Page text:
Humans have been present in the Andes since about 12,000 calibrated years before present (cal yr BP), transitioning from hunter-gatherers to agropastoralist societies in the mid-Holocene. Yet, the timing and effects of this change in behavior on the ecosystem are largely unknown. Using titanium from XRF analysis, loss-on-ignition (LOI), fossil pollen, Sporormiella, and charcoal, we present a high-resolution 12,000-yr paleoecological history of Lake Llaviucu, a mid-elevation lake in the Ecuadorian Andes. For the entire period of study, humans were active in this landscape, with signs of agropastoralism being present since c. 6100 cal yr BP. Apparent ENSO activity, inferred from titanium inputs to the sediment is also heightened at c. 6100 cal yr BP. A trajectory of increasing landuse seems to have peaked in terms of maize production between c. 2900 and 800 cal yr BP. Thereafter, larger abundances of Sporormiella spores suggest that pastoralism was of increasing importance; a pattern disrupted by European arrival. Apparent peaks in El Niño Southern Oscillation (ENSO) appears to be linked to fire and maize frequency. We investigated the relationship between the Lake Llaviucu record and that of nearby Lake Pallcacocha, which is often cited as providing a regional ENSO history.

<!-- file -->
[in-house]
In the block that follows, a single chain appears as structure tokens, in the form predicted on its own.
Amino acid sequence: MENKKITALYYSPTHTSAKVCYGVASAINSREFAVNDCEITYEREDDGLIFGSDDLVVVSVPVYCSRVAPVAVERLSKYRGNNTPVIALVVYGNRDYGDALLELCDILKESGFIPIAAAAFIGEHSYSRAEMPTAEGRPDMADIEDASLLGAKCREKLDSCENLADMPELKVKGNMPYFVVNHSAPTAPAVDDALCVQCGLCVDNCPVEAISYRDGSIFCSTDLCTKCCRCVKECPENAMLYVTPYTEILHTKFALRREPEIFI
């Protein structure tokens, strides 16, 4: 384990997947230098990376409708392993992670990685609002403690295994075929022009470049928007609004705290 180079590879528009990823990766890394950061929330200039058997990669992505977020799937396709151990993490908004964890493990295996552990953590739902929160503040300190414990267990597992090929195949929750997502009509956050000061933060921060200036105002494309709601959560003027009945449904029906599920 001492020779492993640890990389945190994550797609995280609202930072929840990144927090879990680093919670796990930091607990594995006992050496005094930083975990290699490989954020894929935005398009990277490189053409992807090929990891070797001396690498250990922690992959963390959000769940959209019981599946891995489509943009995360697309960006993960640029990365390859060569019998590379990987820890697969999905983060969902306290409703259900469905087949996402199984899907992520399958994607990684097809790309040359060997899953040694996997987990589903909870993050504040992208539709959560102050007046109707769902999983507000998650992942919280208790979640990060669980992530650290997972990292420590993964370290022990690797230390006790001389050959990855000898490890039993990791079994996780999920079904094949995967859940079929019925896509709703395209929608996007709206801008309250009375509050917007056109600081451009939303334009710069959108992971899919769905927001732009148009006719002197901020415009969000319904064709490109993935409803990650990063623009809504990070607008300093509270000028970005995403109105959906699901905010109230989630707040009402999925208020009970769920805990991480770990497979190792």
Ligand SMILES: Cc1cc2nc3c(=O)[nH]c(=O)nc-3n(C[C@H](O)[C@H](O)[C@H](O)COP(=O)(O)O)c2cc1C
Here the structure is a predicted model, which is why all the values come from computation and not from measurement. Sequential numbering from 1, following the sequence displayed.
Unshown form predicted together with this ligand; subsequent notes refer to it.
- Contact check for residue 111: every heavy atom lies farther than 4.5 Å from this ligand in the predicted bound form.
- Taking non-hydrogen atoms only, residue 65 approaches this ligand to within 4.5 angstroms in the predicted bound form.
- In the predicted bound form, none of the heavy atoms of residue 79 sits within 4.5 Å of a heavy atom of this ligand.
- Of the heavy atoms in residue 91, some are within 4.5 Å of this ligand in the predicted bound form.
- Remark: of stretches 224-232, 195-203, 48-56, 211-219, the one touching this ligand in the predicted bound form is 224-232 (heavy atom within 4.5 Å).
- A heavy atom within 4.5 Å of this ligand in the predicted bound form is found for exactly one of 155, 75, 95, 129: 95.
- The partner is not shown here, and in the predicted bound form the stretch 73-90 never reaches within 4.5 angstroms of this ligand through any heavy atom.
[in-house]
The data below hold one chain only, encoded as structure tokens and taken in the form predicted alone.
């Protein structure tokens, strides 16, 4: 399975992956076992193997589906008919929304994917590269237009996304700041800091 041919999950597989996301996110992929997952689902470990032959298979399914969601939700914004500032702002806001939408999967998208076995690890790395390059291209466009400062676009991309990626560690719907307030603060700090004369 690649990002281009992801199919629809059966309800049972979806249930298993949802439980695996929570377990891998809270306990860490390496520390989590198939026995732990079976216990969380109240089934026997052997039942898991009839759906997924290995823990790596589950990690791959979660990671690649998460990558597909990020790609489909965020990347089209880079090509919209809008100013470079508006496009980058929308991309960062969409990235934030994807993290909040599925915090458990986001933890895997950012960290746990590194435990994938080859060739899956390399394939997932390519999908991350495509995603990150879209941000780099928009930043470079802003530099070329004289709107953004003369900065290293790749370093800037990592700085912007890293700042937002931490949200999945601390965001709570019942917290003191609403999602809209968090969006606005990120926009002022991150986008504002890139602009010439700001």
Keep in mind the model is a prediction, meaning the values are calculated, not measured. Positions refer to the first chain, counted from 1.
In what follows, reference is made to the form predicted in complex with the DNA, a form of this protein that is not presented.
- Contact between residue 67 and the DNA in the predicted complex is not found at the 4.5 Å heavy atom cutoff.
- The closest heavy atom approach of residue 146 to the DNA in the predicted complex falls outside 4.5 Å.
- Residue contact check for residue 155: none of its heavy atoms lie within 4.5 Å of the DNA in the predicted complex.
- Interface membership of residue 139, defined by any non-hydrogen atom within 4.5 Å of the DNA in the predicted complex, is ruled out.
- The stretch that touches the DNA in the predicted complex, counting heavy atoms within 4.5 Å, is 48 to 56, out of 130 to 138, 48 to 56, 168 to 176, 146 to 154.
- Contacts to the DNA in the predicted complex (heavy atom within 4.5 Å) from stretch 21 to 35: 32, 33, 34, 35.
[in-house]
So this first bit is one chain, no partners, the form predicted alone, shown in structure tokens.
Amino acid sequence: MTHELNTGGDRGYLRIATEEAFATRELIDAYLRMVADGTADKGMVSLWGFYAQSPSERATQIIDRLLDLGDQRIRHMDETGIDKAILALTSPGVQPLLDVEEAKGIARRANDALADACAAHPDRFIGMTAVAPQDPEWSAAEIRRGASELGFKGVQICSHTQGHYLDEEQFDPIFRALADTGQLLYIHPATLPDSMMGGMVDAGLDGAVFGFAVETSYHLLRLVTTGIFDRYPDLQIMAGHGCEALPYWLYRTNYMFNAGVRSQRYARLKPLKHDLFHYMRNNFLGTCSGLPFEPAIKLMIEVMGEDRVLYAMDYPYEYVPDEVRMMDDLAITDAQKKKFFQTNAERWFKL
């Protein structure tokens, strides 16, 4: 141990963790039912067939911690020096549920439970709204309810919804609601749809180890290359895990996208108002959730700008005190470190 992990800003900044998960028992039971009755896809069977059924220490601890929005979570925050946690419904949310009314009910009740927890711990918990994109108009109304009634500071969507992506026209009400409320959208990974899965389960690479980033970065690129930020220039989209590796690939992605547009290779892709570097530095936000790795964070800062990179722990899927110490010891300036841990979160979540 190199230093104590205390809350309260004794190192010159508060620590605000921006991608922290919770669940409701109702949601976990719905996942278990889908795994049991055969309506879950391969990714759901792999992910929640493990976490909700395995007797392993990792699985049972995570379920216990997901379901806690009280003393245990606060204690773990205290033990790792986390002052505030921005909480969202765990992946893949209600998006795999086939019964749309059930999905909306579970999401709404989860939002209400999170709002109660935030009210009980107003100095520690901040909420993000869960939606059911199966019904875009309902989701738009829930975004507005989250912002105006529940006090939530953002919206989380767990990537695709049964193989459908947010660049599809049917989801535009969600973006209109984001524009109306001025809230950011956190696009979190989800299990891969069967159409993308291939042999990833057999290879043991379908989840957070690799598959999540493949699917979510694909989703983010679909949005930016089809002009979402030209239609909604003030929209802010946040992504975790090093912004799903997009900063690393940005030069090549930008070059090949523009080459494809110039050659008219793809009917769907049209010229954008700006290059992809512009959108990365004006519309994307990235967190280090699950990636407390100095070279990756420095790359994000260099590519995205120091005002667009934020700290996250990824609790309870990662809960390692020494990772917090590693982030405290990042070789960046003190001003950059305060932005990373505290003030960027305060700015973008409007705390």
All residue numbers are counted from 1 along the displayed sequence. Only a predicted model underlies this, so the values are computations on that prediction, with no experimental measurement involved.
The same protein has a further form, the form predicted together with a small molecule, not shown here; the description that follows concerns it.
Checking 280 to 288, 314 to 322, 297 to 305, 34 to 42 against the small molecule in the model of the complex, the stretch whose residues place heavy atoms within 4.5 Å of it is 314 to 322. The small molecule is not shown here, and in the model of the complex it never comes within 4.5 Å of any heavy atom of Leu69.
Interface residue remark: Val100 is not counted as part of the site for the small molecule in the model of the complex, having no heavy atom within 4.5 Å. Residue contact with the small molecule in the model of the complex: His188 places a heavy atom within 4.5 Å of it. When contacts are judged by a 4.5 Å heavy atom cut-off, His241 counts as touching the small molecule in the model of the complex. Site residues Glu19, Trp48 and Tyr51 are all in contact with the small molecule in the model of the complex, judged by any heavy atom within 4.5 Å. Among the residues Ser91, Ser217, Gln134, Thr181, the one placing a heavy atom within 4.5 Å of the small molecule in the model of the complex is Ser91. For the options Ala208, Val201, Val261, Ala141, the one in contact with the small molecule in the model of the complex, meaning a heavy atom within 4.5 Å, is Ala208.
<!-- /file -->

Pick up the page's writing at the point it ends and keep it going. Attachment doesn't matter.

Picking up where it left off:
The adoption of agropastoralism and increased ENSO frequency in the Andes
Quaternary Science Reviews
Article published in Limnology and Oceanography
Article published in Journal of Paleolimnology